But of course in its earliest conception, Arthur was the brave Briton king who stood up to the Saxon invaders, and most English people thought of themselves as Anglo-Saxon. The history is being revised now, though, as we discover that most English people are genetically mostly Briton anyway. So apparently the Britons were only partly wiped out by the Saxons. I suppose every people has a violent conquest SOMEwhere in its history!

But America is short on history of any kind. We have no common origin, ethnicity, cuisine, or even an official language.

I don't think constructing an epic history is about lying. It's more a question of constructing a narrative to shape the way you think about yourself. For instance, two siblings might look back at the same childhood environment, and one says it was "tough but fair, and made me what I am today," and the other says, "it was abusive and I am struggling with the aftereffects even today." They both might be telling the truth, in their way, but they both are selective.

When John thinks about American history, he thinks about the Founding Fathers and the Civil War. When I think about American history, I think about Indians, the Homestead Act, the Dust Bowl. Some people see American history as a decline and fall, some as an ever-improving success story. And how we frame our history affects what we consider our role in it to be.

I was raised on British literature too. But for *good* American literature, my favorites are Willa Cather, Robert Penn Warren, and Walker Percy. And you can count T.S. Eliot too, I suppose, but his solution to the American dilemma was to stop being American. Oh, and F. Scott Fitzgerald, and Hemingway. Haven't read much Hemingway myself though.

Enbrethiliel said...


I don't think constructing an epic history is about lying, either; but when authors fill in the blanks with details from their own imagination, I tend to give them a much harder time. Because then the burden is on them to justify the decision to fill Blank X with Detail Y. What was wrong with Detail Z?

Back to Skyworld, which suggests that the Philippines succumbed to Spanish rule not because we were a primitive culture outmanoeuvred on all fronts by a superior one, but because Lapu-Lapu, who happened to be the last chieftain in the line of the Sons of Heaven, was murdered by an aswang. It's totally fantastic, but also totally "true." For a lot of people believe the break between pre-colonial history and the Spanish era was as violent--and as tragic--as an aswang dismemberment. Although I don't interpret our history in the same way, I see how it fits. And its strength is that it fits whether your thoughts on the colonial era are positive or negative!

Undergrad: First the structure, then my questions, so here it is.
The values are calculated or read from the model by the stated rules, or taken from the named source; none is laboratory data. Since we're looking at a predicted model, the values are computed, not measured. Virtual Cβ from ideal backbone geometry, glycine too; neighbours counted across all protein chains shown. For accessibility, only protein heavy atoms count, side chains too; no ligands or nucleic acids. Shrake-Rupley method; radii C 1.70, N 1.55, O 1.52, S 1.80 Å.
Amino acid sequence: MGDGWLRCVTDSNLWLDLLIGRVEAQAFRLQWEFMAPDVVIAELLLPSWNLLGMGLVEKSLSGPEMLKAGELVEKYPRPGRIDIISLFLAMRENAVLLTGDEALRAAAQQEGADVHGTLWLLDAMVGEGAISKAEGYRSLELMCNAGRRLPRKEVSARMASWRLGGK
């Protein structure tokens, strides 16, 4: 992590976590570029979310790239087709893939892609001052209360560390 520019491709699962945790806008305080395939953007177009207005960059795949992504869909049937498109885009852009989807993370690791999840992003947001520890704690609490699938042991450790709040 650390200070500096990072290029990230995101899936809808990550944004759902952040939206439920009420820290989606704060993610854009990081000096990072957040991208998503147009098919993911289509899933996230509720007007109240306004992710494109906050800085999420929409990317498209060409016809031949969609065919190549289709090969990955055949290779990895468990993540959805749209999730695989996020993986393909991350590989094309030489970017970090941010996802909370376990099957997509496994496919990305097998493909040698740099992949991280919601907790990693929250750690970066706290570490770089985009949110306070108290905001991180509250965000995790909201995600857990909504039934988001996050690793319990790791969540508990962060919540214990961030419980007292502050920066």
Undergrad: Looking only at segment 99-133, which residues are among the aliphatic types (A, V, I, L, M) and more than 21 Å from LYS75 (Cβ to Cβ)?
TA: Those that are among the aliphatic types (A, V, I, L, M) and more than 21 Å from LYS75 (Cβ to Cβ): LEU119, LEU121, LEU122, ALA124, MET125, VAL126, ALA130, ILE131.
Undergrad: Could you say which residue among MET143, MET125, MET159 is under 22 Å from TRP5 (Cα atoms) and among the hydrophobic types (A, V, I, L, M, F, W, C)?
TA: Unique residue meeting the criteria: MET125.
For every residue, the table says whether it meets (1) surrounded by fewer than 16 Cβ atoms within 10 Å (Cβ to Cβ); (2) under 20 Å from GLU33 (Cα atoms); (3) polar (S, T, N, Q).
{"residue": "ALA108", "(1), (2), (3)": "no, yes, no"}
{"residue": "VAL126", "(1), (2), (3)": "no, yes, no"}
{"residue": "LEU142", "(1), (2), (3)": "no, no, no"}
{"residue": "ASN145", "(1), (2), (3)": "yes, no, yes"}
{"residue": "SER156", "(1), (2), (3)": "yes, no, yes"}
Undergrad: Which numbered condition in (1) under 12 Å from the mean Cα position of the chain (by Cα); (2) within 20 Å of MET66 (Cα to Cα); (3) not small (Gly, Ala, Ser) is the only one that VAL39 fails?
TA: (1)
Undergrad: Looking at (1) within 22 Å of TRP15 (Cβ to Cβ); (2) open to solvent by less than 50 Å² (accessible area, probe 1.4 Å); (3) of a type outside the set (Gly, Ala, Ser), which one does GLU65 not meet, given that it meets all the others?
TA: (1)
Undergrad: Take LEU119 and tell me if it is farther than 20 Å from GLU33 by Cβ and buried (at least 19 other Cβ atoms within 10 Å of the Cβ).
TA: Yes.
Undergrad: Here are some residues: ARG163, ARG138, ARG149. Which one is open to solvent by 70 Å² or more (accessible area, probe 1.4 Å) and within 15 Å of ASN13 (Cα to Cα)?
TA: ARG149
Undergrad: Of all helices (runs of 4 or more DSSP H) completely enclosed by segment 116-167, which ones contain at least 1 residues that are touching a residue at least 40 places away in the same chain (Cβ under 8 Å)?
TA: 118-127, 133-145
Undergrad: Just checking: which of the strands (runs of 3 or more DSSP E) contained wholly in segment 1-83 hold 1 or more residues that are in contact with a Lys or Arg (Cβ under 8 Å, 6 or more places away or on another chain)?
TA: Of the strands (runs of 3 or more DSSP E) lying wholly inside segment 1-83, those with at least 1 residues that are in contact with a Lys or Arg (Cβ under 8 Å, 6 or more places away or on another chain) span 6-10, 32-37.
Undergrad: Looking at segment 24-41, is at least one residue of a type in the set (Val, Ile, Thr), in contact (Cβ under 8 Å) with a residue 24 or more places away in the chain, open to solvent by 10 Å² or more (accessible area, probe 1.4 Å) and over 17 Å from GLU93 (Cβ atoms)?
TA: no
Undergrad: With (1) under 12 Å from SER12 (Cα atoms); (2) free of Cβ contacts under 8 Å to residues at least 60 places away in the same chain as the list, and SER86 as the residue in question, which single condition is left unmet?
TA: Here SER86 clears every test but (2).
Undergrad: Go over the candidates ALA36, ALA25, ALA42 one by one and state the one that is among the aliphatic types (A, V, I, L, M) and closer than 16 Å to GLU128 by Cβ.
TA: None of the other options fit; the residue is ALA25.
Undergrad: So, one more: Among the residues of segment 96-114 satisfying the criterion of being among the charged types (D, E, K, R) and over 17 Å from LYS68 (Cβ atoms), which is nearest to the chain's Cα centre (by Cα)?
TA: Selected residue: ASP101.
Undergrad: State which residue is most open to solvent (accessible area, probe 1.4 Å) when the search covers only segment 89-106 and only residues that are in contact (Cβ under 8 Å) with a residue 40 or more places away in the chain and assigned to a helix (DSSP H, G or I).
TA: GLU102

Now this may sound a bit silly, but the best American historical novels I've ever read are in the Seven Brothers Romance series by Leigh Greenwood. The first novel begins after the War between the States, in Texas, but the seven brothers in the books come from an old Virginia family which was around in 1776. (Already see the symbolism?) While there are many Romances which have the leads overcoming post-war prejudices because one is from the North and the other from the South, I think that Greenwood is going for more than that easy moral. In his books, the brothers put down roots in other parts of the country and fall in love with women from very different American backgrounds. I read the novels because they were entertaining, but I was floored when I got to the last one (which includes, appropriately enough, a huge family/character reunion) and it finally dawned on me that the series was really an epic about the healing of the United States--the story of how a war-ravaged country learned to become a big extended family again.